What can we do to sustain a strong sangha? First, we have to understand that practicing dharma means correcting our own faults, changing our own minds. As humans, we all have flaws. Just as sisters and brothers in a large family have to learn how to deal with one another, we have to learn how to help and support one another in the sangha. If we were holding hands to help each other cross a river and one person fell in, we wouldn't leave him there; we'd lift him out and keep going. 

Simply hearing the teachings of the dharma isn't enough to completely transform ourselves. The teachings have to be implemented, and we begin by increasing our compassion. If someone the sangha is rude to us, instead of responding in our habitual way, by being angry, sarcastic, hurtful or holding a grudge, we practice compassion. As dharma practitioners we bring our understanding of karma to bear on difficult situations, recognizing that someone who upsets others is creating nonvirtue. Rather than being critical, we try to help, and in this way we create virtue. And when we make mistakes, we purify the karma we've created. 

There are times when we are upset or irritated. Sometimes our body is out of sorts. Sometimes our subtle energies are out of balance and our mind is agitated. Sometimes we just wake up on the wrong side of the bed. We need to recognize that this emotional turmoil is not permanent, that it will pass, like clouds in the sky--and then patiently let it go by. We shouldn't add fuel to the fire. If an irritable person says something annoying, we should remain patient and maintain respect. We shouldn't prolong or even try to correct the situation, but rather wait until the person calms down and then try to talk things over. We always need to focus on how we can help others, not on how we can benefit ourselves. 

When anger arises, the best thing to do is to drop it. But if we can't, we remain patient and it will eventually dissolve. Because sangha members don't cling to anger for months or years, they don't inflict the kind of damage in relationships that resentment can cause. If we try again and again to develop love, concern and patience, slowly we will make progress in our practice. Like grains of barley in a bag whose husks fall away as the grains rub together, sangha members working together can swiftly cleanse their minds' poisons and obscurations and contribute to each other's learning and growth. 

The world isn't going to change for us. From the very beginning of our journey on the dharma path, we realize that what must be changed is our own mind--that the mind is the arena for training. We recognize that nothing in samsara or nirvana is outside mind; all is rooted in it. Our interactions within the sangha serve as a mirror that reflects our mind back to us so that we can use the methods of the dharma to correct ourselves. If we find ourselves responding to irritating situations in an ordinary way, we ask, "Why do I react this way? Why do I hold onto these things?" By transforming mental poisons as they arise, we learn to deal more effectively with our immediate circumstances and live up to our spiritual goals.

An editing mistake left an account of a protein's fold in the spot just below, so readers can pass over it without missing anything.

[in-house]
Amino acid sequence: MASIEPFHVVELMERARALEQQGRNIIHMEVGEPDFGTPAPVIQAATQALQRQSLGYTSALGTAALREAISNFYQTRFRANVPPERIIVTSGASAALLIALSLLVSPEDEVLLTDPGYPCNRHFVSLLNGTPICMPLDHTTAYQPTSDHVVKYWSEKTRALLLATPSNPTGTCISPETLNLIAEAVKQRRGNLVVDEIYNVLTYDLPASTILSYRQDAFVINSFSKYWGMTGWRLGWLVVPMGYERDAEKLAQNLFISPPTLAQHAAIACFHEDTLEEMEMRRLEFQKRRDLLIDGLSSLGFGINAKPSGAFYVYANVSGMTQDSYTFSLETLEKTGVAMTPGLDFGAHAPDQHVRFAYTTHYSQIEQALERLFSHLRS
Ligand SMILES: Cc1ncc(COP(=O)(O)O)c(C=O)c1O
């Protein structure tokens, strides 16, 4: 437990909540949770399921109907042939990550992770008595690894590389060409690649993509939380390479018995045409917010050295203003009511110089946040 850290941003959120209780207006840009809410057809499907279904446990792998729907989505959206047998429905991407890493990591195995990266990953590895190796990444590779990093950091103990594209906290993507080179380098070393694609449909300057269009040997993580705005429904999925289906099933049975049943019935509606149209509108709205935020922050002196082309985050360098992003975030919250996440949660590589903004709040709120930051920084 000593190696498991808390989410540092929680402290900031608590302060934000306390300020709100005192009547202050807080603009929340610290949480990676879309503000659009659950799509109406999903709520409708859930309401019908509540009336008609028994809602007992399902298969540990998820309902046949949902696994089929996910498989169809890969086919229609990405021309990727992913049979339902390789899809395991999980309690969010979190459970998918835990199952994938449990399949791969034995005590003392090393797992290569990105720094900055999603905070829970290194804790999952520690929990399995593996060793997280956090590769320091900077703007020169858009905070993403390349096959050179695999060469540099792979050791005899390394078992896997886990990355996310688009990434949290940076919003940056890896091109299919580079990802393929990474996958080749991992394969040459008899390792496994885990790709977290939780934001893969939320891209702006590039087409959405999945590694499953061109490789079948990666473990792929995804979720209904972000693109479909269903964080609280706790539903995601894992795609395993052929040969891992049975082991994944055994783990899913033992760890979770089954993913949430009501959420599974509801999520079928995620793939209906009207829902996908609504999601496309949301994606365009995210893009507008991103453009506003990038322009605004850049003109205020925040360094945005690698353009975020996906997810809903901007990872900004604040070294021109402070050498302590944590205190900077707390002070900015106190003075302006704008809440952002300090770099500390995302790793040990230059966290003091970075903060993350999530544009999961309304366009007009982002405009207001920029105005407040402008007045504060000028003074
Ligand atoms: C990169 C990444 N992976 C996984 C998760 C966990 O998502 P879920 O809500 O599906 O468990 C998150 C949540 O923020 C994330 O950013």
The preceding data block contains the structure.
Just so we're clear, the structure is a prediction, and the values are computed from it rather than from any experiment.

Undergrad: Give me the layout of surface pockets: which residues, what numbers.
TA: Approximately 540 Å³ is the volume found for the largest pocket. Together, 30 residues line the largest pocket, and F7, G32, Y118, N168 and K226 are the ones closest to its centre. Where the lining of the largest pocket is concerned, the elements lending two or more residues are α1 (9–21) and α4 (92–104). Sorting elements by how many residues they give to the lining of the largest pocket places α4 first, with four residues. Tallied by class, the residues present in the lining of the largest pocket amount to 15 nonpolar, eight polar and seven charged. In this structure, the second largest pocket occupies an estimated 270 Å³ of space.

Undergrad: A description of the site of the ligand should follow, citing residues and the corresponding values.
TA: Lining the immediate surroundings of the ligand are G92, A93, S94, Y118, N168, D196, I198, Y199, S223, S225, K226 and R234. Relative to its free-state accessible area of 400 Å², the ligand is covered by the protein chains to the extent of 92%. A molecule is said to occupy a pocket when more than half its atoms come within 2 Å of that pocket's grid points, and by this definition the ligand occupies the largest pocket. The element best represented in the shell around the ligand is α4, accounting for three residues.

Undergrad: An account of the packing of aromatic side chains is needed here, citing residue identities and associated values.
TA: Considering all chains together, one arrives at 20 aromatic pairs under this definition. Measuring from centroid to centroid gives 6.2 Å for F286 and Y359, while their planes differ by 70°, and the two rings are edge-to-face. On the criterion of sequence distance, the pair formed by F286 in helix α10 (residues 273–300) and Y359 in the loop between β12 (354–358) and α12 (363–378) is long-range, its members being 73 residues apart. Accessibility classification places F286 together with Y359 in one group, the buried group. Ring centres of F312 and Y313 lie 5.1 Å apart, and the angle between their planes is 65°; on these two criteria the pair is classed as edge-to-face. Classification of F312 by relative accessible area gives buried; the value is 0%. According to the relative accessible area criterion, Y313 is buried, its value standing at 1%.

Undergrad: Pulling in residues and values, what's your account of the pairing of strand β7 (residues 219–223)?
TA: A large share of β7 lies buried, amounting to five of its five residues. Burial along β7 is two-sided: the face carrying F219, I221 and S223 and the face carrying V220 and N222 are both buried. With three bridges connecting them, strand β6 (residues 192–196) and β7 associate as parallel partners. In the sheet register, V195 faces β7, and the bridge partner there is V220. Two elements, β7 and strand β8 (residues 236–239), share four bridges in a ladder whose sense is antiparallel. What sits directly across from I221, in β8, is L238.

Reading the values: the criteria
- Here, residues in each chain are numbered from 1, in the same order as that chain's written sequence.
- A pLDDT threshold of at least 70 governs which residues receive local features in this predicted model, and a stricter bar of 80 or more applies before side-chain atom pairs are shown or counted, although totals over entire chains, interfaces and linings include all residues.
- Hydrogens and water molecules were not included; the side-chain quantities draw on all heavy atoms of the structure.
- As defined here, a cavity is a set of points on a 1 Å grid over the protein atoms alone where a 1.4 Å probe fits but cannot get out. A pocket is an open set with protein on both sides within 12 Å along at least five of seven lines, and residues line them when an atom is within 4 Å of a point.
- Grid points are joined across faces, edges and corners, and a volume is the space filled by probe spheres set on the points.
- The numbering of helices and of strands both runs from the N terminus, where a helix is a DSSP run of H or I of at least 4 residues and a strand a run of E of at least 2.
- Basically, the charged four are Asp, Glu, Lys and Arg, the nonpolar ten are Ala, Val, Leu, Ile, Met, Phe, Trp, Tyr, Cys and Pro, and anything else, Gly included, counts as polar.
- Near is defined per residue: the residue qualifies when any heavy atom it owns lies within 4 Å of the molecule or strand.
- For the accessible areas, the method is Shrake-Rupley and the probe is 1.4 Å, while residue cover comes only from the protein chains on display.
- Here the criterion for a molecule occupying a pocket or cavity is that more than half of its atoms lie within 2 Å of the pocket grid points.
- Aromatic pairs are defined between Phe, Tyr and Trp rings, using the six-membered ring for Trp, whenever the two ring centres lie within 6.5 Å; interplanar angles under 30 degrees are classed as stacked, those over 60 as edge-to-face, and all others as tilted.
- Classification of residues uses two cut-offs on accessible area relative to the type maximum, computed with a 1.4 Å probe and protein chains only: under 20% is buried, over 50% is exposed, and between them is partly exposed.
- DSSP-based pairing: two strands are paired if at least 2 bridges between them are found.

At first, the sangha is like a collection of holy objects, such as statues, in a bag; they inevitably clank against one another. But if people trying to create something of benefit are at odds with one another, the negativity and disharmony undercut their spiritual aspirations. On the other hand, if they treat each other with patience, respect, love and compassion, those qualities radiate out and benefit all those around them. When they go about their activities in the world, where there is less support for spiritual practice, they will have well-established habits of patience and kindness. They won't lose them in stressful situations. In this way, the sangha provides a training ground for applying the dharma in the world at large, which is the true arena for our practice. 

The Benefits of Sangha
Those who embrace the teachings of the Buddha are the children of the Buddha's speech, and those who gain recognition of mind's true nature are the children of the Buddha's mind. Once we have taken refuge, received the Buddhist teachings and embarked on the path, our situation is no longer ordinary; something has changed. An insect caught in a milk bottle, flying around and around hopelessly and helplessly, will eventually find its way out if there is a single hole in the bottle. By taking refuge, listening to teachings, and training the mind, we puncture a hole in cyclic existence. Eventually we'll escape. For Buddhist practitioners, samsara is not endless. 

Taking the vow of refuge gives us entrance into the sangha, but whether we remain there depends on whether we uphold its spiritual purpose. If we take refuge but don't really embrace the ideals of the sangha, we are like someone who hides something rotten under the carpet and then sniffs everywhere else, insinuating that the odor is somebody else's problem. But it is our own hope, fear and self-importance, not anyone else's, that cause the rancid smell.